Series: The Hunger Games #3
Genre: YA Dystopian
Released: August 24 2010
MAY THE ODDS BE EVER IN YOUR FAVOUR
“IF WE BURN
YOU BURN WITH US”
Katniss Everdeen has survived the Hunger Games twice. But she’s still not safe. A revolution is unfolding, and everyone, it seems, has had a hand in the carefully laid plans – everyone except Katniss.
And yet she must play the most vital part in the final battle. Katniss must become their Mockingjay – the symbol of rebellion – no matter what the personal cost.
Going into reading Mockingjay, I was quite excited to see how The Hunger Games series was going to end and I had pretty high expectations. However, I didn’t realise that it would take me so long to read the book and I also didn’t expect to be as disappointed as I was.
The main reason as to why I didn’t enjoy Mockingjay as much as the previous two books in the series is the plot and the events. In my eyes, very little happened until about three quarters the way through. Nothing happening until near the end – or worse, the very end – is my ultimate bookish pet peeve. There was just a little bit too much talk for me and not enough action. I found myself skim reading quite a lot of the time and once the action finally started to happen, I was still skim reading. I got confused at some points and sometimes didn’t realise that certain things had happened.
Over the course of the series, the characters have changed so much that they were different in a way. Katniss seemed weaker to me, and even puppet-like at times because she’s pretty much being told what to do and to me, that’s just not what Katniss does. I was a bit let down by her since she was so strong in the first two books and here it seemed like she’d been crushed a little bit. Many of the other characters had the same treatment, but I did like how Prim had a bigger part to play and came out of her shell.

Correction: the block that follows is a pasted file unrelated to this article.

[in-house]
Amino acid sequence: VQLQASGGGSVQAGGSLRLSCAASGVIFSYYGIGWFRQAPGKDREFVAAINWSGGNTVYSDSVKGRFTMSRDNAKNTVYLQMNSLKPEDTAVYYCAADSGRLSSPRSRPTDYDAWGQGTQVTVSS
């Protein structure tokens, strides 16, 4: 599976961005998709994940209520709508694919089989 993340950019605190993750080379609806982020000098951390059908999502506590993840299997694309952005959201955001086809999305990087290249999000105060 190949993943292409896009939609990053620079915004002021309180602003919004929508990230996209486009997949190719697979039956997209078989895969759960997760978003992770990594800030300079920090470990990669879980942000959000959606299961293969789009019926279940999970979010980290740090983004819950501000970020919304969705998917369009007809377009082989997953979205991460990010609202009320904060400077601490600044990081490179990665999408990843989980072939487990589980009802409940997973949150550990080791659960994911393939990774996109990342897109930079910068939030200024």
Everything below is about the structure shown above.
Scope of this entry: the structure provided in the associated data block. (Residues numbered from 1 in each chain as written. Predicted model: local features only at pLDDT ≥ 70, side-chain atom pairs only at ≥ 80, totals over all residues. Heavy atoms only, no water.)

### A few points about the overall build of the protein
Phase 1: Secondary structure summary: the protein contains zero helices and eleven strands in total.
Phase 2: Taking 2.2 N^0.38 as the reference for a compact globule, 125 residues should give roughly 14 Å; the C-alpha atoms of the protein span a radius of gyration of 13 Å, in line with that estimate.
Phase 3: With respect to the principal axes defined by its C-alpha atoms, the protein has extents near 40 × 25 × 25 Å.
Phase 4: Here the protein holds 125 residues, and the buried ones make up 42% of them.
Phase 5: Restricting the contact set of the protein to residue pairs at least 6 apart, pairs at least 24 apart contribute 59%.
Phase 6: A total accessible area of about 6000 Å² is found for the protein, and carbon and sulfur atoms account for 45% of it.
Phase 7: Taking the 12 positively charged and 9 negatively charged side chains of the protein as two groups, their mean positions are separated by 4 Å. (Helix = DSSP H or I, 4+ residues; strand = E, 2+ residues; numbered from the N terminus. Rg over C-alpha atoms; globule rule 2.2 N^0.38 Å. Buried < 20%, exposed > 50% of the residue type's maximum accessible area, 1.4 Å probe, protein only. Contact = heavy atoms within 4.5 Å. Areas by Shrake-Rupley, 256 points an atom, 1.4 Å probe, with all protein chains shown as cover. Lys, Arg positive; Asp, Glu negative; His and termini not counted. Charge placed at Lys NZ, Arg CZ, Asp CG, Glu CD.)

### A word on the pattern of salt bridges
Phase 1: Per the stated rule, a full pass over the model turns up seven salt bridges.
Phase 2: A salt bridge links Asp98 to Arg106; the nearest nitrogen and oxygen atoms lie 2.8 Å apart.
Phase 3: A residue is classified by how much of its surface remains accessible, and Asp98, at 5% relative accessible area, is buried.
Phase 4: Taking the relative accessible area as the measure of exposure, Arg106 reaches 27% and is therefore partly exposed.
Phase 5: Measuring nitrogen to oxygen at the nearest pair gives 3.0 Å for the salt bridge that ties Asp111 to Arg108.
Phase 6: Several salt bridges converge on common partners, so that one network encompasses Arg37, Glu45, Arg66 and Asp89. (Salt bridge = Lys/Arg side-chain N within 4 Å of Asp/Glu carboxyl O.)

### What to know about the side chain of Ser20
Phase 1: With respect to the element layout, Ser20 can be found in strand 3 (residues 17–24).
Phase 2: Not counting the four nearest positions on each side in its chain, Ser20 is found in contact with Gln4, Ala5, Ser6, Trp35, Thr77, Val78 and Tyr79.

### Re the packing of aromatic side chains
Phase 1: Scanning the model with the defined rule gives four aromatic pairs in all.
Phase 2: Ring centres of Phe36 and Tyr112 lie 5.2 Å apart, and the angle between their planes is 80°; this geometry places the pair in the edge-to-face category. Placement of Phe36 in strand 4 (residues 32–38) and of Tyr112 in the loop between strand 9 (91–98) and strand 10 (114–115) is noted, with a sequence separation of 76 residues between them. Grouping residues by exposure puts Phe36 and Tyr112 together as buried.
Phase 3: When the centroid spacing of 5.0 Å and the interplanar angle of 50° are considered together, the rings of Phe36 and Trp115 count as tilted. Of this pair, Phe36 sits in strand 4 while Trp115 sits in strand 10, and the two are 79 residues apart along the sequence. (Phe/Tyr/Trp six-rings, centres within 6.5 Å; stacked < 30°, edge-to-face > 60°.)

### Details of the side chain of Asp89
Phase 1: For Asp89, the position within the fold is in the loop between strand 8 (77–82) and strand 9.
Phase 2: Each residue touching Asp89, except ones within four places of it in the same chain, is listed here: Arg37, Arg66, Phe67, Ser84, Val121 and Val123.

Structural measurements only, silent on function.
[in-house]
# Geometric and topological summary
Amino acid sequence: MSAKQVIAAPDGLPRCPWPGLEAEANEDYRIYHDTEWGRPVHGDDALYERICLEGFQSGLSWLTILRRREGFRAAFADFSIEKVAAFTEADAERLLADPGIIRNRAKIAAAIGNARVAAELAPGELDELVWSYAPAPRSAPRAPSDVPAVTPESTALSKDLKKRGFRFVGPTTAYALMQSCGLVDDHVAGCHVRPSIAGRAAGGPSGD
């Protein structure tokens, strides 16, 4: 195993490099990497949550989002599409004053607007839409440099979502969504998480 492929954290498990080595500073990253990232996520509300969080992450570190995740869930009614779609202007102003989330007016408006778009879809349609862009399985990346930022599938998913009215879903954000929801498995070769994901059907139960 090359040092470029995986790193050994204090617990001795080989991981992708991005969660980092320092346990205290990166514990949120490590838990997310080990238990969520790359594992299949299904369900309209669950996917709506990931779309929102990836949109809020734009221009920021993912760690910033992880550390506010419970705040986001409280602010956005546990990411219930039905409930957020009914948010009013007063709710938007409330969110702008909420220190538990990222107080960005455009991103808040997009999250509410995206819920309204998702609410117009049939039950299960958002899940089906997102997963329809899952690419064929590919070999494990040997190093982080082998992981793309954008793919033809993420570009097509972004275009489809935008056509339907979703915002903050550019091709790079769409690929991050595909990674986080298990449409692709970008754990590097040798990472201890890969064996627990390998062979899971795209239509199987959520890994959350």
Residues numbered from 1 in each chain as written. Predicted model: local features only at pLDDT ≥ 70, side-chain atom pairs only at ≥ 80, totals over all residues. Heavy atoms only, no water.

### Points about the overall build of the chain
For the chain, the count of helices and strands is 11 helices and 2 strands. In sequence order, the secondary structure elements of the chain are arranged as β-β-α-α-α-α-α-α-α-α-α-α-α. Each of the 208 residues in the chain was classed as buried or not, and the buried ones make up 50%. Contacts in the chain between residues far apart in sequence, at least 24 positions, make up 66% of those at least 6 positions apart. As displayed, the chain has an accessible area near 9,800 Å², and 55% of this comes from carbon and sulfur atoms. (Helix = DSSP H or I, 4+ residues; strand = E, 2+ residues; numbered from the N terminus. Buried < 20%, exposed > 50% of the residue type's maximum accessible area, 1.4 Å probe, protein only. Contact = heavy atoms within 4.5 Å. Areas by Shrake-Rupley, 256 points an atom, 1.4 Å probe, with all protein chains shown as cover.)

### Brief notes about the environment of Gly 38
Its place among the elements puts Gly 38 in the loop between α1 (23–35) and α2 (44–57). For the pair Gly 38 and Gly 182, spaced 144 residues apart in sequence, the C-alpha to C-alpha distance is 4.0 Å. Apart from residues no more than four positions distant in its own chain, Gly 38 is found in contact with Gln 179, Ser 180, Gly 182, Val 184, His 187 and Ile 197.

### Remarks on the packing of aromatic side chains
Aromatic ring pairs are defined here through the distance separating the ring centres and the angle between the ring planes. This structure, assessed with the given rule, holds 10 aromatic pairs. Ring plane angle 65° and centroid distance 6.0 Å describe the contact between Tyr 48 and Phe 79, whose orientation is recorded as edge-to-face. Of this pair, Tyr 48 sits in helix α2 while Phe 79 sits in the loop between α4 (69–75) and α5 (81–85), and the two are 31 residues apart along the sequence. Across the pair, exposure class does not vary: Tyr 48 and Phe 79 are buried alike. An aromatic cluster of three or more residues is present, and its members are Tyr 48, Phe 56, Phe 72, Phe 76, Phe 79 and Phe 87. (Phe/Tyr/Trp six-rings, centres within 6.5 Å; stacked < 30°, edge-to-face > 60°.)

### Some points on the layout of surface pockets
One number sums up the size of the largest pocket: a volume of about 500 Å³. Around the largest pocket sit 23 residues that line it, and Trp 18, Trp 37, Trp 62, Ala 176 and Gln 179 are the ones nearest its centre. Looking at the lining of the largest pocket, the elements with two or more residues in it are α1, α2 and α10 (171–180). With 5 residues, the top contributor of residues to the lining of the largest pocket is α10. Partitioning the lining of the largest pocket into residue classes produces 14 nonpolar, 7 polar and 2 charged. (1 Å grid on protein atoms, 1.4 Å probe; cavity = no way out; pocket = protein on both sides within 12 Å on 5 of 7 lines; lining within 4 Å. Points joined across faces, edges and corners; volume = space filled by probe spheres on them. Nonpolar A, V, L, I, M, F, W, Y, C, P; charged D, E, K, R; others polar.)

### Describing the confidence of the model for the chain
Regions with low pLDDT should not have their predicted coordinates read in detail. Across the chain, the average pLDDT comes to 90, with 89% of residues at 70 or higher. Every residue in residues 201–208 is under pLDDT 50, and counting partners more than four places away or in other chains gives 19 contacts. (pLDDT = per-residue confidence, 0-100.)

Although I liked being able to read about the rest of Panem in a bit more detail than the other books, I had mixed feelings about District 13. While it was interesting to read about how militarised the district is and how it has a cold and pressurised feeling to it, it felt quite stale after quite some time and I wanted the story to move away, which it thankfully did.
I felt that Katniss’ narrative in Mockingjay wasn’t as engaging as it was in the previous books. Since the events were quite slow at times, the pacing of the narrative matched it and I just wished for it to speed up. Also, Katniss’ changed personality is shown in the narrative which is something that I felt brought it down. I didn’t really want to read about her feelings and how it is taking an excruciatingly long time for her to make up her mind between Gale and Peeta, I wanted to see some action.
I felt somewhat bad writing this review because I really wanted to enjoy Mockingjay, I really did but it just didn’t do any wonders for me. Mockingjay is definitely not the best book in the series, but I wouldn’t go as far as to say that it’s the worst or that I hated it, because I didn’t hate it. As much as I wanted it to be, Mockingjay wasn’t the spectacular ending that I wanted it to be and unfortunately I was unimpressed for the most part.